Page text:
Bucs from Los Angeles happy to see Rams back home
TAMPA -- The NFL is back in Los Angeles after 22 years, and as the Rams come to town for Sunday's home opener, it's a new world for Bucs players who grew up in Los Angeles, rooting for the Lakers and Dodgers and little else.
"It's really cool, and I hope it lasts. I think it will," said safety Chris Conte, who was born and raised in the Santa Monica/Malibu area. "Hopefully it will. Whenever there's something new in L.A., everybody starts to buzz, but give it a week or two, it dies down pretty quickly. There's something new going on."
Conte and Bucs backup quarterback Ryan Griffin were teammates at Loyola High School in Los Angeles, and at one point went up against Bucs center Joe Hawley in a state playoff game when he played at Esperanza High in Anaheim.
Hawley grew up a Packers fan because his father was from Green Bay, and Conte didn't go to an NFL game until he was in college. Griffin said he's pulling for NFL success in Los Angeles, just to see football do well back home.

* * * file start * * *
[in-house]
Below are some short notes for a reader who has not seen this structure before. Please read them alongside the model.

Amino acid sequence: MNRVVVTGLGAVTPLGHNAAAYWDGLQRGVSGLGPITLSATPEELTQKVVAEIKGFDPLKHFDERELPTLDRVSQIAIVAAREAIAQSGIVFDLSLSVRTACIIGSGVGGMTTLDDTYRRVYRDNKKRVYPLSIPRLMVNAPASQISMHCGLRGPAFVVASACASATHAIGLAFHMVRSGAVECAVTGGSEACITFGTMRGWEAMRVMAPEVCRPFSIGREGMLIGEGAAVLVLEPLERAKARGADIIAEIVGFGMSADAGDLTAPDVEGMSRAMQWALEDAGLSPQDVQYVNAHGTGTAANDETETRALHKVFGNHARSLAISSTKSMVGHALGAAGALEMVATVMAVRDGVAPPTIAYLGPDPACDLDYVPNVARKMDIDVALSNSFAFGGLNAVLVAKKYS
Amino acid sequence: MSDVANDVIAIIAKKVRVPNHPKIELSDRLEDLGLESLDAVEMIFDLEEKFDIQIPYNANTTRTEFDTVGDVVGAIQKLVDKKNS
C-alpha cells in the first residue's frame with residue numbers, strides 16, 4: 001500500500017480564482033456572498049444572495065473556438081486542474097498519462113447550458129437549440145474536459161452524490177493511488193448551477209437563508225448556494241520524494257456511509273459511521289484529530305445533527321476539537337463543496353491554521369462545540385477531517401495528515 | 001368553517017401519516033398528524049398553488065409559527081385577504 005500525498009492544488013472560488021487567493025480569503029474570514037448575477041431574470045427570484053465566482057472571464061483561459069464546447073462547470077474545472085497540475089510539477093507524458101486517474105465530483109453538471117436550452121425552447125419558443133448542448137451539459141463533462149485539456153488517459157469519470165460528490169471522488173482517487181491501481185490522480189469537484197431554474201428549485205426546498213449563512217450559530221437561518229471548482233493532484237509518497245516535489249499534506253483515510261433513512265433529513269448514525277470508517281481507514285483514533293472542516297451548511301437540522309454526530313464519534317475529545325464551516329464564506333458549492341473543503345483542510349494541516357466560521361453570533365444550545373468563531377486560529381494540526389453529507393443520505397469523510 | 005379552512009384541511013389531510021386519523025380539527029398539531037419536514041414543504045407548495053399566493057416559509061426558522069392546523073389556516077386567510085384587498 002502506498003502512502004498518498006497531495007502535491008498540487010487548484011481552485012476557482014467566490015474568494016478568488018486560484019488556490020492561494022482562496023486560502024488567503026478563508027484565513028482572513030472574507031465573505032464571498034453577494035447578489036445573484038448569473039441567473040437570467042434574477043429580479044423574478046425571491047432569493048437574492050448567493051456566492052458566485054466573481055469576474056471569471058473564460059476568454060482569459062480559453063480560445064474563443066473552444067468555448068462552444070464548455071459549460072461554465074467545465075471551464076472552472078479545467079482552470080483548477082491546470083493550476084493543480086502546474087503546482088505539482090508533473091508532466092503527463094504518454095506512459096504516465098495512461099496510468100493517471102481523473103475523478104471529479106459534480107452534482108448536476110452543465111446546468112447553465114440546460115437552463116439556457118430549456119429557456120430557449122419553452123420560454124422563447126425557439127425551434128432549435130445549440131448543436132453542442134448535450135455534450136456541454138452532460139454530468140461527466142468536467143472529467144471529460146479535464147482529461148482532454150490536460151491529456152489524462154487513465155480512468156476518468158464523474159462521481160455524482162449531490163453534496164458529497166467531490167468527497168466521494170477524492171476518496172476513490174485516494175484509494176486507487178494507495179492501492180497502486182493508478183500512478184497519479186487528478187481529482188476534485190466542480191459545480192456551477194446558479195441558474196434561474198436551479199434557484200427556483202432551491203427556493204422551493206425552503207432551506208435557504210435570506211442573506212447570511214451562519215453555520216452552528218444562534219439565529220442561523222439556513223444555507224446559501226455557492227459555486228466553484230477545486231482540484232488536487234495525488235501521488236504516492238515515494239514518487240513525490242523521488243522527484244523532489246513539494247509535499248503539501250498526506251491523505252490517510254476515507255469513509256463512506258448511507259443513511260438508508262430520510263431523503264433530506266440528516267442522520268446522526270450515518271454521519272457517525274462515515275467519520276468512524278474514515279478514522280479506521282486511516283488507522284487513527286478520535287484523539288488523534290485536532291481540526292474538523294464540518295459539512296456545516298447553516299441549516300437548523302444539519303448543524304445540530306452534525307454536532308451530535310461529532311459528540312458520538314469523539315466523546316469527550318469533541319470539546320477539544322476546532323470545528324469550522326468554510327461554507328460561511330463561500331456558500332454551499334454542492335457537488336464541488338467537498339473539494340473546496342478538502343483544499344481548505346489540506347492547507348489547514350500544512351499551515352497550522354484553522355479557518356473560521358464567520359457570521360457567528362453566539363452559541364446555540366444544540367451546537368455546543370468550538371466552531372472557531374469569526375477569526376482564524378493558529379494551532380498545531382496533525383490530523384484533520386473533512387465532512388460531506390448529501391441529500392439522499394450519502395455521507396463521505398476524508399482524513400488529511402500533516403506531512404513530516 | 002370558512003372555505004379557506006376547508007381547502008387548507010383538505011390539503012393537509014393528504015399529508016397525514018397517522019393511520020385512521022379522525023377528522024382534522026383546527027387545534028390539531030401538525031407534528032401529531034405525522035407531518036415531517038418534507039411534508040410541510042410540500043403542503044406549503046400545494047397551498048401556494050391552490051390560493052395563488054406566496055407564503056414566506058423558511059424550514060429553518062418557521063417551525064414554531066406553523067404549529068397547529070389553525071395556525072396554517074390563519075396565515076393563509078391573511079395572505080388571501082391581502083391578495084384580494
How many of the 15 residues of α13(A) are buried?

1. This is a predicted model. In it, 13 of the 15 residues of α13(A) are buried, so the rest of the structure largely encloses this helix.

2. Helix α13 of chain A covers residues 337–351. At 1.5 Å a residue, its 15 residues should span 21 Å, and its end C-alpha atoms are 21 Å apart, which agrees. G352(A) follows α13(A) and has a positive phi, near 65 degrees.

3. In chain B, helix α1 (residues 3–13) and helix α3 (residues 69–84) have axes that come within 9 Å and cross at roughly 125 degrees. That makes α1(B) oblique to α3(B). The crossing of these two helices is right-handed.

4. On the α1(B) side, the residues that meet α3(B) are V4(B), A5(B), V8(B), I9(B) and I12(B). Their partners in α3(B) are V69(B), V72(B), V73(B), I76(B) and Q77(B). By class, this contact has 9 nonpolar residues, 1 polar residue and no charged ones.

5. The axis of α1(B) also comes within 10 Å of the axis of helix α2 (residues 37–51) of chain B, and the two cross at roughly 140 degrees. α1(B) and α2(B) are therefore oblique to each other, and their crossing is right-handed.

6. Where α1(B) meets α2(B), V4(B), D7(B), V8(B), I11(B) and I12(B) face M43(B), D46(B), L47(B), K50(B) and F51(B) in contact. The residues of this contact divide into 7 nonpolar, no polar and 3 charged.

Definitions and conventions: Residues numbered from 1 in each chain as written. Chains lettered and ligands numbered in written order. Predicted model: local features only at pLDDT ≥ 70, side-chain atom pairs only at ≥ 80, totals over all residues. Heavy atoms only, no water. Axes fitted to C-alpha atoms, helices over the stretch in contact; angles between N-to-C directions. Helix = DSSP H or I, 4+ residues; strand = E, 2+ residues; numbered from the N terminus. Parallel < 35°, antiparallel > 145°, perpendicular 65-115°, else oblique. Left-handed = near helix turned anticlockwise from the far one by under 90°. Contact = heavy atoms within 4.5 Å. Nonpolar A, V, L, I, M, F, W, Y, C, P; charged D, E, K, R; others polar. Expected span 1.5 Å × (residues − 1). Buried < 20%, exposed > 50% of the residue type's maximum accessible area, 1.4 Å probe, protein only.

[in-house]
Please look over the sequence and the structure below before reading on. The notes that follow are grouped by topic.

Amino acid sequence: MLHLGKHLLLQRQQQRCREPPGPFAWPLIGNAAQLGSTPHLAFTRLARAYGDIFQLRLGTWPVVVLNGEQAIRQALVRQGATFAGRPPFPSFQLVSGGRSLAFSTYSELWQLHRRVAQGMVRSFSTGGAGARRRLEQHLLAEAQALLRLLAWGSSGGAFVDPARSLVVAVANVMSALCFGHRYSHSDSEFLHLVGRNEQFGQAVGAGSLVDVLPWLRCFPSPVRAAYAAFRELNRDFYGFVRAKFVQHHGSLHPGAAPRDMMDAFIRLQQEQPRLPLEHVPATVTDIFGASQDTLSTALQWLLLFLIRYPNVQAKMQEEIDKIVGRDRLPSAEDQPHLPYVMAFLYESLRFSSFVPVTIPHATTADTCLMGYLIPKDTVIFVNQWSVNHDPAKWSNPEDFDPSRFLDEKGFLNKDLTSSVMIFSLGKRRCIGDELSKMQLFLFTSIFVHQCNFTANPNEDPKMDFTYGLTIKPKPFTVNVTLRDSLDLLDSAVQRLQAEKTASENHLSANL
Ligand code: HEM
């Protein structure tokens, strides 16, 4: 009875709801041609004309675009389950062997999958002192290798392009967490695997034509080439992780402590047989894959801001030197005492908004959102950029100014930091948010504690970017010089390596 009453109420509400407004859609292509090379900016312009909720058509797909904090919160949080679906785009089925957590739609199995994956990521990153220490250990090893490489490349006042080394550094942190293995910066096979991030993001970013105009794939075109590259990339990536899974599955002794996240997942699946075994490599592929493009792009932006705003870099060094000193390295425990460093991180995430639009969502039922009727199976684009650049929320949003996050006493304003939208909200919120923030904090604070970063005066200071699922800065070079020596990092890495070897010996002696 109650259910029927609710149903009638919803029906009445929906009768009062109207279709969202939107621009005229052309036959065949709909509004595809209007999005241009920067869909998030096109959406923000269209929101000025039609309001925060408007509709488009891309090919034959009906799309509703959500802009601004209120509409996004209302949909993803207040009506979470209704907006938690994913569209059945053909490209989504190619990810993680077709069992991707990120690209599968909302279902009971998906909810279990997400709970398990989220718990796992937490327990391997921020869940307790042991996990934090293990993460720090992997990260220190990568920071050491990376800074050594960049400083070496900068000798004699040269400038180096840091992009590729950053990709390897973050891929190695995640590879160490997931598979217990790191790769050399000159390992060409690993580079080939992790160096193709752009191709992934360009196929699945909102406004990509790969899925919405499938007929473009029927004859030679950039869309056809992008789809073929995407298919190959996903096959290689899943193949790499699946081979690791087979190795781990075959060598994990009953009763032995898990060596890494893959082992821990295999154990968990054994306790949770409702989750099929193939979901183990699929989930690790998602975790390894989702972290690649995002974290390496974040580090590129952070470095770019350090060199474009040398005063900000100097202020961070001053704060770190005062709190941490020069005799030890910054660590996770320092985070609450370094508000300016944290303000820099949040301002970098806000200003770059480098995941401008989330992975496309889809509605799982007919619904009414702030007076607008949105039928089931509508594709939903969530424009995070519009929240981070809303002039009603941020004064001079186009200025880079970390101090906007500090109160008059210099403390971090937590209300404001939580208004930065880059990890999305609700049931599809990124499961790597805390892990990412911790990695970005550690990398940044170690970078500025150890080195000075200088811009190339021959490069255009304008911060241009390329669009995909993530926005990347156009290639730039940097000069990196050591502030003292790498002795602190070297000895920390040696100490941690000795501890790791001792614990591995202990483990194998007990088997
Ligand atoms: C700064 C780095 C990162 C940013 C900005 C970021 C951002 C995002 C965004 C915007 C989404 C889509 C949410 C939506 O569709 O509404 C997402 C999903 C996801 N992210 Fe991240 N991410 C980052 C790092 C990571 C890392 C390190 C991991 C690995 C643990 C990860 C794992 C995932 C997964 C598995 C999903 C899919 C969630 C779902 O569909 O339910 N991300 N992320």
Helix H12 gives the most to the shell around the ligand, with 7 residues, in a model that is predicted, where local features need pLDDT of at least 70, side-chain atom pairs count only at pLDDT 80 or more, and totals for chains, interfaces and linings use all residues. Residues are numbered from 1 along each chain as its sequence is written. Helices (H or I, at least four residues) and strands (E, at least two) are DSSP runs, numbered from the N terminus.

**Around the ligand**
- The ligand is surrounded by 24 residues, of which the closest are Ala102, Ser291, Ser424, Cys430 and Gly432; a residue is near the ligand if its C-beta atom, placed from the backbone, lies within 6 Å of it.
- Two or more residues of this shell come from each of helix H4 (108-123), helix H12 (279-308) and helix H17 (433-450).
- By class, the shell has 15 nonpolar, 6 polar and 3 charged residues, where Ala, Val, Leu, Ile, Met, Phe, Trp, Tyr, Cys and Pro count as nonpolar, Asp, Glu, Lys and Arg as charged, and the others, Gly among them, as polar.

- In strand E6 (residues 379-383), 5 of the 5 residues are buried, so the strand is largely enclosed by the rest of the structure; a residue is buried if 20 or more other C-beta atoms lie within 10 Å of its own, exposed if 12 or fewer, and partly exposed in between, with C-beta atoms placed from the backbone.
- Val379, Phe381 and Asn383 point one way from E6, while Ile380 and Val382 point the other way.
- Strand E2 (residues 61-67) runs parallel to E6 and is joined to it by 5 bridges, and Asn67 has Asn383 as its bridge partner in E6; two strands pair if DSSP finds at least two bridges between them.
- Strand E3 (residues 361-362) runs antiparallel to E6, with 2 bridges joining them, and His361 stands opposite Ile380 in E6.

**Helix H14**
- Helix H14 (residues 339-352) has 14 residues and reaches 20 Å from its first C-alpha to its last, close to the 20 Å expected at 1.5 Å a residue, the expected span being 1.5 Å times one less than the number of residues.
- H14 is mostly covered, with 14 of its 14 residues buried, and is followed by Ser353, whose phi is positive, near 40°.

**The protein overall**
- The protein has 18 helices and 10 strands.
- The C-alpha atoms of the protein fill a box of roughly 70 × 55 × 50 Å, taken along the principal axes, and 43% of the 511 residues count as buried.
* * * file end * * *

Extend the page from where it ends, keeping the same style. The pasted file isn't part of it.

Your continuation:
"I don't want them to win this week, but something inside of me kind of hopes they do decently well, just so the level of excitement for football remains in L.A.," Griffin said. "It's awesome having a professional team there. Football in general, you could be a professional football player and walk down the street in L.A. and no one really cares. There's something else going on, there's celebrities everywhere. It'll be good for the city."
Griffin's mother is from Dallas, and his father convinced her to move to Los Angeles by taking her to Cowboys training camp in Thousand Oaks, northwest of Los Angeles.
"We went to Cowboys training camp when I was a kid all the time," said Griffin, whose first NFL game was a Cowboys game in Dallas when he was 10. "We would go, but it's still not the same thing."
Bucs cornerback Alterraun Verner is from Lakewood and went to UCLA, and punter Bryan Anger grew up west of Los Angeles in Camarillo, rooting for USC and UCLA and hoping to play for the Dodgers, even into his junior year of high school.
"We got our fill with college teams," said Anger, whose first NFL game was his debut with the Jaguars in 2012. "I have a couple of aunts and uncles that are old Rams fans, and hearing from them, it was cool back in the day. Seeing new stadium plans, it'll be crowded out there. It'll be another attraction out there."
To see 90,000-plus fans packed into the Coliseum for last week's Rams home opener was an encouraging debut, rekindling the city's bond with pro football.
"I think they'll receive it well -- you saw the crowd for the first game," Anger said. "People want it. People love their sports out there, so I think they'll welcome it with open arms."